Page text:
Secure Your Service Mesh: A 13-Item Checklist
Organizations worldwide are rushing to modernize their applications to run in Kubernetes-orchestrated containers in the cloud. During this modernization, these companies must plan to secure their application connections. When an application is replatformed and rearchitected into distributed microservices, new connectivity patterns emerge, and these patterns usually prompt the building of one or more service meshes.
A robust service mesh can handle both north-south connections (ingress to Kubernetes-based applications from the edge) and east-west connections (between services on the same cluster or between different clusters.) However, each of these traffic patterns needs comprehensive security.
The best way to approach service mesh security is to adopt a zero-trust model, which means that every connection, no matter its origin, must be validated and secured. To help you evaluate service mesh technologies and implement zero-trust security, we present our 13 must-have features to keep your application connections safe. Here’s the checklist:
- Transport layer security (TLS & mTLS) provides end-to-end encryption to protect data in motion between any pair of end points. It’s perhaps the most fundamental component, but surprisingly not all service meshes fully support mutual TLS.
- Built-in web application firewalls (WAF) screen inbound traffic for threats and stop attacks from penetrating your perimeter. It’s essential for any edge gateways that are exposed to the internet for incoming user and application connection requests.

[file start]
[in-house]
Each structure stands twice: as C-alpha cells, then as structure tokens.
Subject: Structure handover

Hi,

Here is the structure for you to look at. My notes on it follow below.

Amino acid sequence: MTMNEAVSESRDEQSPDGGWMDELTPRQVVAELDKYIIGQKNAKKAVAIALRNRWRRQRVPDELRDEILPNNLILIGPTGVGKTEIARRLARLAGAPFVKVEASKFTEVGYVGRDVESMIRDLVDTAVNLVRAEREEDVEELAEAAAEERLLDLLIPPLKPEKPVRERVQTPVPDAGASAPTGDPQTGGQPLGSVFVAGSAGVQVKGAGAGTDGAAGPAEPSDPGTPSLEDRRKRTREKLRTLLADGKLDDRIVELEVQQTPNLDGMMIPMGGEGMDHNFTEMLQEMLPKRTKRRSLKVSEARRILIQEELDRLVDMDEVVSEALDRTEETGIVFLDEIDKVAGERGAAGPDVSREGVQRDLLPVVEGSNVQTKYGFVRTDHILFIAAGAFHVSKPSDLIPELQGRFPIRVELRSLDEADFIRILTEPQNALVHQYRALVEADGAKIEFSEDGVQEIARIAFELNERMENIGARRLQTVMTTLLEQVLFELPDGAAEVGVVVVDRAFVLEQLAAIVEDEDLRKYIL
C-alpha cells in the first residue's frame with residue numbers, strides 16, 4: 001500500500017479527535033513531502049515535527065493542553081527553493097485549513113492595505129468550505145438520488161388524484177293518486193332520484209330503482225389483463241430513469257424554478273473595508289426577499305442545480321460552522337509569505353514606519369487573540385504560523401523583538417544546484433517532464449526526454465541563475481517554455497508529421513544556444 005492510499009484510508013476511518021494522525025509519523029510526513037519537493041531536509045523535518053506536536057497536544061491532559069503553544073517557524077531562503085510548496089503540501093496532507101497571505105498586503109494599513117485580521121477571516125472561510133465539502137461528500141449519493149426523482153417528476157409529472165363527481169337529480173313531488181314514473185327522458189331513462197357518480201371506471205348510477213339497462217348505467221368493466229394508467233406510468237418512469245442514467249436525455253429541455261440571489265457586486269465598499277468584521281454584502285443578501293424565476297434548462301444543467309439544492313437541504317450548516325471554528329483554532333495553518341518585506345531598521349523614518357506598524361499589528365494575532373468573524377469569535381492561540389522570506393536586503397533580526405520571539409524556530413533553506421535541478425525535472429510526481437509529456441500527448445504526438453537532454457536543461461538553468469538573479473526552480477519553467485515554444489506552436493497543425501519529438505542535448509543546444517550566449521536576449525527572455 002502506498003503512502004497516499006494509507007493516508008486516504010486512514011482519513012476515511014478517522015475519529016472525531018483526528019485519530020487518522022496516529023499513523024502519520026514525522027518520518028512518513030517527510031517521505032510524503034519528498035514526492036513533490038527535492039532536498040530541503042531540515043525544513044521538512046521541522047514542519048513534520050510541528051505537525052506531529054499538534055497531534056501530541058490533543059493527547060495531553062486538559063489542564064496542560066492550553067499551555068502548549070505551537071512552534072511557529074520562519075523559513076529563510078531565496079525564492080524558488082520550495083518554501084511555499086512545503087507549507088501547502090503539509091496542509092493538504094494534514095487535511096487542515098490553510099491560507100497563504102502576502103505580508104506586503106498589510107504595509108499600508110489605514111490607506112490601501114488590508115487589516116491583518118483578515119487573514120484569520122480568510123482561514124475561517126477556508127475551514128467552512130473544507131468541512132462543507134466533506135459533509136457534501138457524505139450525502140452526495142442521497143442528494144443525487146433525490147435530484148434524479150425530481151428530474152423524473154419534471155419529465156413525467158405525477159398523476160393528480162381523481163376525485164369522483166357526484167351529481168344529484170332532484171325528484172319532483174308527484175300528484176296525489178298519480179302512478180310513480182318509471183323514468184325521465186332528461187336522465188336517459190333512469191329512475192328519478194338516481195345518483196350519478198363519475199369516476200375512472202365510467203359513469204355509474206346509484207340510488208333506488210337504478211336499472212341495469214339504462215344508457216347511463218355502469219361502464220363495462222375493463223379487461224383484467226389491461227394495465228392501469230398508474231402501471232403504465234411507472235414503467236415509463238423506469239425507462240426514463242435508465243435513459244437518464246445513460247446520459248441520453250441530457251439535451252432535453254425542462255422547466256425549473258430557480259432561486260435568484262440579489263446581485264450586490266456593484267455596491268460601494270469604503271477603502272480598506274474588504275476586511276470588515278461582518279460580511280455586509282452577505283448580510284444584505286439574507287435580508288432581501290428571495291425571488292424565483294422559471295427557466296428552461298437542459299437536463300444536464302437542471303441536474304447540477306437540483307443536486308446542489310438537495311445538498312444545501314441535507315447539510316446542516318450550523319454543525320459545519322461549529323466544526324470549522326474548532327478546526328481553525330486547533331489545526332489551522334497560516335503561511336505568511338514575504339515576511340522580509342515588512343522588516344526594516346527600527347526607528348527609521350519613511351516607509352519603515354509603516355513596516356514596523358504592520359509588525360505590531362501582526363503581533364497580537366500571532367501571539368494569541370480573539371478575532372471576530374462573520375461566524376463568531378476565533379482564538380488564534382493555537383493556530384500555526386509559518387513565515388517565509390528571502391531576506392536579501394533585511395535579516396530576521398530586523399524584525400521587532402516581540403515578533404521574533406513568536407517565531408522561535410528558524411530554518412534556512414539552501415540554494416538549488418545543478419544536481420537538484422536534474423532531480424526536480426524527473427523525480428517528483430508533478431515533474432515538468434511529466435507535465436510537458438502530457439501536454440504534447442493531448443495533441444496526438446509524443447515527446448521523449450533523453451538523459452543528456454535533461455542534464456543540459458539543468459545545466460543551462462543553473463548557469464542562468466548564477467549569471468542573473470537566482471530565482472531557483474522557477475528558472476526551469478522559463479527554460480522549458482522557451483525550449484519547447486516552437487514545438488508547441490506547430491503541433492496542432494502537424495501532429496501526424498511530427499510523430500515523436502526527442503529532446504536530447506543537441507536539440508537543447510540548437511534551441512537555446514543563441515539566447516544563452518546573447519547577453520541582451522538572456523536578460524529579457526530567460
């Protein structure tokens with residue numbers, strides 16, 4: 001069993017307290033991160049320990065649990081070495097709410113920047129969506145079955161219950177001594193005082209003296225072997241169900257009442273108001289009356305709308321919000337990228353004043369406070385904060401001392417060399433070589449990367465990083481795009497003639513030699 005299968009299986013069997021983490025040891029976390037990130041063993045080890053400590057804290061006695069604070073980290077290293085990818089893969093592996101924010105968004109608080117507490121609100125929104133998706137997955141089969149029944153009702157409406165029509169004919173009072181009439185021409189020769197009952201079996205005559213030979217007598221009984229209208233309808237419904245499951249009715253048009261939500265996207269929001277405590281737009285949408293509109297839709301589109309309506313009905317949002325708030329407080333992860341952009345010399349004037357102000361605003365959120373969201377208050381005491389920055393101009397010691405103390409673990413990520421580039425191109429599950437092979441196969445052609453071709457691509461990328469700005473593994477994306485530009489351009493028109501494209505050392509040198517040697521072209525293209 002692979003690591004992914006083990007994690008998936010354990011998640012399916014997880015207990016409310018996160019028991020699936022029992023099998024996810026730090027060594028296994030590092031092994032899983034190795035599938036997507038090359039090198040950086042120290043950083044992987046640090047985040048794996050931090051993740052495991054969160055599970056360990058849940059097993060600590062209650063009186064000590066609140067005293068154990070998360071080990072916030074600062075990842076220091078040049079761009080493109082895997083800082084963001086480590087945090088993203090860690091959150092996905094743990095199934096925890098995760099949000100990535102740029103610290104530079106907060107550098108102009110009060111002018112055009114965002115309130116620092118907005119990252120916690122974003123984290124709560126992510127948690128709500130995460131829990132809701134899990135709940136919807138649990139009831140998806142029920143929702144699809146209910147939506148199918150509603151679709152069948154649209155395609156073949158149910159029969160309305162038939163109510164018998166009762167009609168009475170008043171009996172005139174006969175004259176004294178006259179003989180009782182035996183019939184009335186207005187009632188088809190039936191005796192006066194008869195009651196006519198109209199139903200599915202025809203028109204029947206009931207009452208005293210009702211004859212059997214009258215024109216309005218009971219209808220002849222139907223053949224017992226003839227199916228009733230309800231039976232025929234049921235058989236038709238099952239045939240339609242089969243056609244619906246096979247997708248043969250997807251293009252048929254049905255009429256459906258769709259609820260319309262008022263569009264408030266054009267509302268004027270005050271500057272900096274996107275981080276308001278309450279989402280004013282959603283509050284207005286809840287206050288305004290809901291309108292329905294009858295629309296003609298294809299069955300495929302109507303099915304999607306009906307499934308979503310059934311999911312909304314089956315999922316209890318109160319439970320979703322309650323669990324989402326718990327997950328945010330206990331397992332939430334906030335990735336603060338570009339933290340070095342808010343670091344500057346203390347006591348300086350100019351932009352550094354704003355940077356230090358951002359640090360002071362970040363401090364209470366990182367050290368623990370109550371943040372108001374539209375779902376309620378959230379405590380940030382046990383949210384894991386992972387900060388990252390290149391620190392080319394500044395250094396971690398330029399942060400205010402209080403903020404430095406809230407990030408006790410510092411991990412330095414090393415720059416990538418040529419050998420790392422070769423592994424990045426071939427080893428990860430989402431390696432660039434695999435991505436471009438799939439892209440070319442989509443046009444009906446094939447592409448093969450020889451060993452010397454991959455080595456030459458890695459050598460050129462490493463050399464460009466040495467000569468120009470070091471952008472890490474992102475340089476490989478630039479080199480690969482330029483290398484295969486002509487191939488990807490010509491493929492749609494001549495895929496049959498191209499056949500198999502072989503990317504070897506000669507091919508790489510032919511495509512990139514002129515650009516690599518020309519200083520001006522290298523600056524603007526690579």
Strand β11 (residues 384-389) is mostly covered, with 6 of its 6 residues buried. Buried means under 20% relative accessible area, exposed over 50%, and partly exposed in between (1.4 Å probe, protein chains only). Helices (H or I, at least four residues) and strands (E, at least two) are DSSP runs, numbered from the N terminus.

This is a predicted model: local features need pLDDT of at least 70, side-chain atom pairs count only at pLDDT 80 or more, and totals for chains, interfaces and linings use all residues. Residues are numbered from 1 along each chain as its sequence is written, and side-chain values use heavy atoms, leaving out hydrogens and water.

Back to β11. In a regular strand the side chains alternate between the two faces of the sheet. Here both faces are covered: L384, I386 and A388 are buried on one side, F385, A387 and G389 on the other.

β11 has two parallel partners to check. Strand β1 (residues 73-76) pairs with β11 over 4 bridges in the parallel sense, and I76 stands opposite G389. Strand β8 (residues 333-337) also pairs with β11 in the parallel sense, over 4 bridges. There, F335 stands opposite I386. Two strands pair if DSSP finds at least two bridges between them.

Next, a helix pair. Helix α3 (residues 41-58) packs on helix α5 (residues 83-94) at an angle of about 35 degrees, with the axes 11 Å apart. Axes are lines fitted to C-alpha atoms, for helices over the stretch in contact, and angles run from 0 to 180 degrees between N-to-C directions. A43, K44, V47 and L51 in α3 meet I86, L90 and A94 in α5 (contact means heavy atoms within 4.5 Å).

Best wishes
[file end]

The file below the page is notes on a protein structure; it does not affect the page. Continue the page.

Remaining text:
- Data loss prevention (DLP) monitors for data breaches or exfiltration to prevent data loss and data leaks. If your applications are somehow compromised, you don’t want data escaping your perimeter.
- Integration with secrets management for Kubernetes, which manages sensitive credentials like passwords, security tokens and encryption keys. You’d be alarmed at how often this information is still hard-coded into applications or stored in plain text.
- Certificate management controls and executes SSL certificates from a centralized platform to authenticate connections. Certificate rotation can be a painful administrative step that should be accounted for gracefully. This should be extensible to support external authorities, meaning it’ll work with the enterprise identity and access management solutions you already use.
- Authorization, for example with Open Policy Agent (OPA), which defines service API policies as code. Authorization is the flip side of authentication and controls who has access to what resources once you’ve verified their identity.
- Federated trust domains safely authenticate users and applications across environments, extending the authentication policies consistently everywhere. Without this, you’ll spend a lot of effort trying to keep various roles updated and in sync — and probably make some mistakes.